On the Mark

Green's populist campaign appeals to Hollywood and Harlem

Give Mark Green some credit. In the waning days of his Senate campaign, trailing in the polls and in the all-important fundraising sweepstakes, the city's public advocate has not resorted to demagoguery—no promises to crack down on crime, welfare cheats and big government.

Instead, he's been turning up the populist rhetoric even more, talking about health care reform, after-school programs, and immigrants' rights. But Green, 53, is a populist with a flair for drama (perhaps the result of his cozy connections to Hollywood types like Warren Beatty, Billy Baldwin, and Sarah Jessica Parker among others). On August 31, he brought before reporters and cameras victims of HMO abuses: a man whose HMO refused to pay for a new wheelchair; a police officer whose father was prematurely discharged from a rehab center following a stroke; a man whose stepson died after his HMO refused to approve treatment for a congenital heart disease. Green used the occasion to outline an ambitious 20-point plan for reforming HMOs and ensuring consumer protection. He's not being pious. He truly believes this is the path to victory on September 15.

"Money talks, consumers vote," Green says, in a familiar refrain. (No candidate uses the word consumer more than Mark Green.)

"This is a campaign contest based on her polls, his ads, and my record of results." The "her" is Geraldine Ferraro, of course, and the "his" is Brooklyn Congressman Chuck Schumer, both better known in Greenspeak as "my worthy opponents." That's about the highest compliment he gives either of them these days. As the primary draws near, Green, unlike Schumer--as many pundits predicted--has been the aggressor, injecting some life into what has been a lackluster race. Until Green took the offensive, zinging Schumer with razor-sharp analyses of his congressional record, the campaign was a dreadfully dull affair, filled with tedious "candidates forums" and other relatively innocuous events. As Green has repeatedly said in recent weeks: "People understand the difference between substance and slander. Let's not stifle debate and bore voters to death."

Now that the post­Labor Day period has arrived, many believe the race will tighten. "It's a tough campaign to call," one frustrated Democratic strategist observed. "In primaries, people are usually campaigning in the same arena--there's a lot of overlapping. These candidates are coming at totally different angles: one candidate is about money [Schumer], one candidate is about fame [Ferraro], and one candidate is about ideology."

The question remains whether there are enough ideological voters on the left to propel Green to victory. Popular pols like Rudy Giuliani and George Pataki have eschewed party labels and stressed competence. And thanks to Bill Clinton's despoiling of whatever principles were left in the Democratic Party, Green may have a tough time finding the right audience in 1998.

The former Nader raider will have none of it. On the campaign stump, he draws a stark contrast between himself and his opponents, depicting them as sellouts looking for a cheap ride to Washington. "If you want a politician on both sides of the issue, there are other folks running," he told the congregants at the New Life Center of Truth, a black church in East Flatbush, with David Dinkins and Councilwoman Una Clarke by his side last Sunday. "There will be candidates running who have more money than I do, God knows," he told an impeccably dressed crowd at City Councilman Lloyd Henry's church earlier in the morning. "They're better at calling donors, I'm better at suing them. And if you think I have been on your side all these years on tobacco companies, HMOs, and police misconduct, will you be on my side September 15?" Needless to say, an amen corner erupted from the previously subdued churchgoers.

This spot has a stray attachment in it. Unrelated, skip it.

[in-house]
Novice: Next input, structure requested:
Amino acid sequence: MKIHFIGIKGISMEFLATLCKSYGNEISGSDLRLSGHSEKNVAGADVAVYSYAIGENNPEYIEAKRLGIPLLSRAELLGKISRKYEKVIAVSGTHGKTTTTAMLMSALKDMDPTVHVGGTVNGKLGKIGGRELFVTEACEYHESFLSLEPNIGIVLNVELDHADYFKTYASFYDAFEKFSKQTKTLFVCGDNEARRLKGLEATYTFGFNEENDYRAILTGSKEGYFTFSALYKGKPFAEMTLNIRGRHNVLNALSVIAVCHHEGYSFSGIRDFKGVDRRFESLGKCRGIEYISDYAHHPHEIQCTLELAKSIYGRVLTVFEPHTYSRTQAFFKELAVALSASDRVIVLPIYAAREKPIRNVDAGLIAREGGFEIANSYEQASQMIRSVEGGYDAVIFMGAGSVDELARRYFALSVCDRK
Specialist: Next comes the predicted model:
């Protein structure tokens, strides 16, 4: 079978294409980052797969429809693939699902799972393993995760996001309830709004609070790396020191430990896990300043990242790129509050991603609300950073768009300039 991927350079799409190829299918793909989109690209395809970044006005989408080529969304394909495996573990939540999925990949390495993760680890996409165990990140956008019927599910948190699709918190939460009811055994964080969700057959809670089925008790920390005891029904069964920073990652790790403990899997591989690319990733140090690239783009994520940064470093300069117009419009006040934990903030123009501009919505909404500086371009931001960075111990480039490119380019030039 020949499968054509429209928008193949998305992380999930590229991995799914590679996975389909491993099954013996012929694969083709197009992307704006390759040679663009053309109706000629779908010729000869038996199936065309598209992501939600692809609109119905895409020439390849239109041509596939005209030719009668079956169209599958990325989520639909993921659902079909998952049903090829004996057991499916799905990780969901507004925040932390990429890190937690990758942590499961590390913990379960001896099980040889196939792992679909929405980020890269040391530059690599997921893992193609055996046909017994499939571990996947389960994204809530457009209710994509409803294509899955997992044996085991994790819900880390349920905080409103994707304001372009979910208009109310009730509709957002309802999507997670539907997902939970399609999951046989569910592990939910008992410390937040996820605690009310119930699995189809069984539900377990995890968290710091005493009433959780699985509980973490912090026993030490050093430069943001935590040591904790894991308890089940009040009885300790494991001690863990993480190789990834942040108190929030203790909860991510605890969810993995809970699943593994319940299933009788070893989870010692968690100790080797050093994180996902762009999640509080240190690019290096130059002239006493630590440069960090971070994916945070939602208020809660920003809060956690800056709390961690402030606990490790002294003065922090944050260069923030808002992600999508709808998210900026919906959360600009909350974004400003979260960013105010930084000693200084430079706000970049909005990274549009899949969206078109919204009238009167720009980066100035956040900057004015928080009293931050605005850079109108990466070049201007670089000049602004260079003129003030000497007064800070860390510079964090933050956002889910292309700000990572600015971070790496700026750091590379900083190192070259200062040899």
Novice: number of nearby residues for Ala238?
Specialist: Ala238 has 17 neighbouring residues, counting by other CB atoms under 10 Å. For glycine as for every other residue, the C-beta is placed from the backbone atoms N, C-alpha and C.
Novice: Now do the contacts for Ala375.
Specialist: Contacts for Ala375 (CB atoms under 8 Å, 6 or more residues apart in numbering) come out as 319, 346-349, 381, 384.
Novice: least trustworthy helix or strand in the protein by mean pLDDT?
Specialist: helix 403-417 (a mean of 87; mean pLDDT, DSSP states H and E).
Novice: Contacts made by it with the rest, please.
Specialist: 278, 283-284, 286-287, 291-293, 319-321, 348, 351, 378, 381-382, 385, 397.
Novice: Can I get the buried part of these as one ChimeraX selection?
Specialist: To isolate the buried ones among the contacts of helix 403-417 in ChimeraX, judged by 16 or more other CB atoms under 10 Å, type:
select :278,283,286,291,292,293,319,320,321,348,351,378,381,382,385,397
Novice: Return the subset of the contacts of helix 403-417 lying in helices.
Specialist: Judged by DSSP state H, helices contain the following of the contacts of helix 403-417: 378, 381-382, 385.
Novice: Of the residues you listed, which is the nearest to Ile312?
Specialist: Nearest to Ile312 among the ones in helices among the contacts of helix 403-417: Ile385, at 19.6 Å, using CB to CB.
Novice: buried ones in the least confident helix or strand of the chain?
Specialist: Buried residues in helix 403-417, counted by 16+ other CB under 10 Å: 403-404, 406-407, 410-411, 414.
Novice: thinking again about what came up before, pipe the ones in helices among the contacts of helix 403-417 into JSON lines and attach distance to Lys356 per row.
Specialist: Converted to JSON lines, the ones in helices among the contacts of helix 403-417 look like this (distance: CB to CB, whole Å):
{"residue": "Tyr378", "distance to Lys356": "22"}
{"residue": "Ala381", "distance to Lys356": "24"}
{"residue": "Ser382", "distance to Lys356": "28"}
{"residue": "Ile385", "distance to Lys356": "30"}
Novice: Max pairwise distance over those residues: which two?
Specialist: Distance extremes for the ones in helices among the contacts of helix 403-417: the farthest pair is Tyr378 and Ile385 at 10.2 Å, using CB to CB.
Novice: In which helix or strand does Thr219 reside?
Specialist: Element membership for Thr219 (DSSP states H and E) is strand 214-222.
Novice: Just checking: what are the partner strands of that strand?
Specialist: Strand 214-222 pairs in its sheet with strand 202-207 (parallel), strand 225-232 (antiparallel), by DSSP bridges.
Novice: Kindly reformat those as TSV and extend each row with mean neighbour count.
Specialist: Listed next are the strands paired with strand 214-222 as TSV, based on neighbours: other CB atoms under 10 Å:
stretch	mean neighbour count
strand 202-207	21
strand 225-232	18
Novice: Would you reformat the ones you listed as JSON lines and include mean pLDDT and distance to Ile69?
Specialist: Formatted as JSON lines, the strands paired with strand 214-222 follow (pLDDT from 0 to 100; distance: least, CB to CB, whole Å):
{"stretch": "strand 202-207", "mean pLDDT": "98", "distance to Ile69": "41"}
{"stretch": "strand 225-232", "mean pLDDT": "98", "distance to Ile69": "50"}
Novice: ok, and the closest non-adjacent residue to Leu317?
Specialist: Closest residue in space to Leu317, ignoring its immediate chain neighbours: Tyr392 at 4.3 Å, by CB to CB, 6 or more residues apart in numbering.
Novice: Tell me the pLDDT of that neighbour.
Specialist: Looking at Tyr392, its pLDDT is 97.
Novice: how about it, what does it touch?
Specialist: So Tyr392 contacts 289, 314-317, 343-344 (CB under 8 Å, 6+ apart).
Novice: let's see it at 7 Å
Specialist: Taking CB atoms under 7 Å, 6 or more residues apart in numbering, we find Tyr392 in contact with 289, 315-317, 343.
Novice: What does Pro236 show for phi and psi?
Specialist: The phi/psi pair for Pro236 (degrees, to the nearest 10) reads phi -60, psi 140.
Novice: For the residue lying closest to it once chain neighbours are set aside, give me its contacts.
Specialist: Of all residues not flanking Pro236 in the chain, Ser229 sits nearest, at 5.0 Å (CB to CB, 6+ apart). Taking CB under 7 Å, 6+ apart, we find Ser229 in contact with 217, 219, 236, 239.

For many months, Green has been aggressively courting the black vote, from AfricanAmericans in Harlem to West Indians in Brooklyn to Haitians in Rockland County. Clearly, Green enjoys a stronger rapport with blacks than most white Democrats. He got an enthusiastic reception at a subway stop in Harlem last week, warmly greeted by most (yes, most) of the local straphangers. An elderly Harlem resident, clad in funky '70s polyester with a big collar, stopped to chat with the public advocate. "See that building?" he said, pointing to a high-rise on Lenox Avenue. "Most of the people there are voting for you!"

"He's up here where the people are," the cigar-chomping Harlemite later told the Voice, refusing to give his name. "I don't see the other politicians up here. You see them on the damned television. But he's here, right in the center of Harlem, on 135th Street."

Indeed, Green's campaign has managed to reach out to a broad section of New York's liberal mosaic. Consider his schedule one day in late August: a subway stop on Crown Heights; a City Hall press conference advocating for a stronger Family and Medical Leave Act; a subway stop in Harlem; a street festival in Harlem; a black church in the Bronx; a meeting with a group of Chinese American acupuncturists and business leaders; a meeting with a Latino group in Williamsburg. But he hasn't forgotten the white liberals either. He spent one sweltering Saturday morning in Park Slope with hundreds of shoppers in the green market at Grand Army Plaza. Purveyors and consumers of organic foods tend to be Mark Green's people, even though Schumer lives in the neighborhood. Comfortable in his element, Green tossed one-liners as easily as he gave out pamphlets. The jokes were terrible, of course, but he's Henny Youngman by most politicians' standards.

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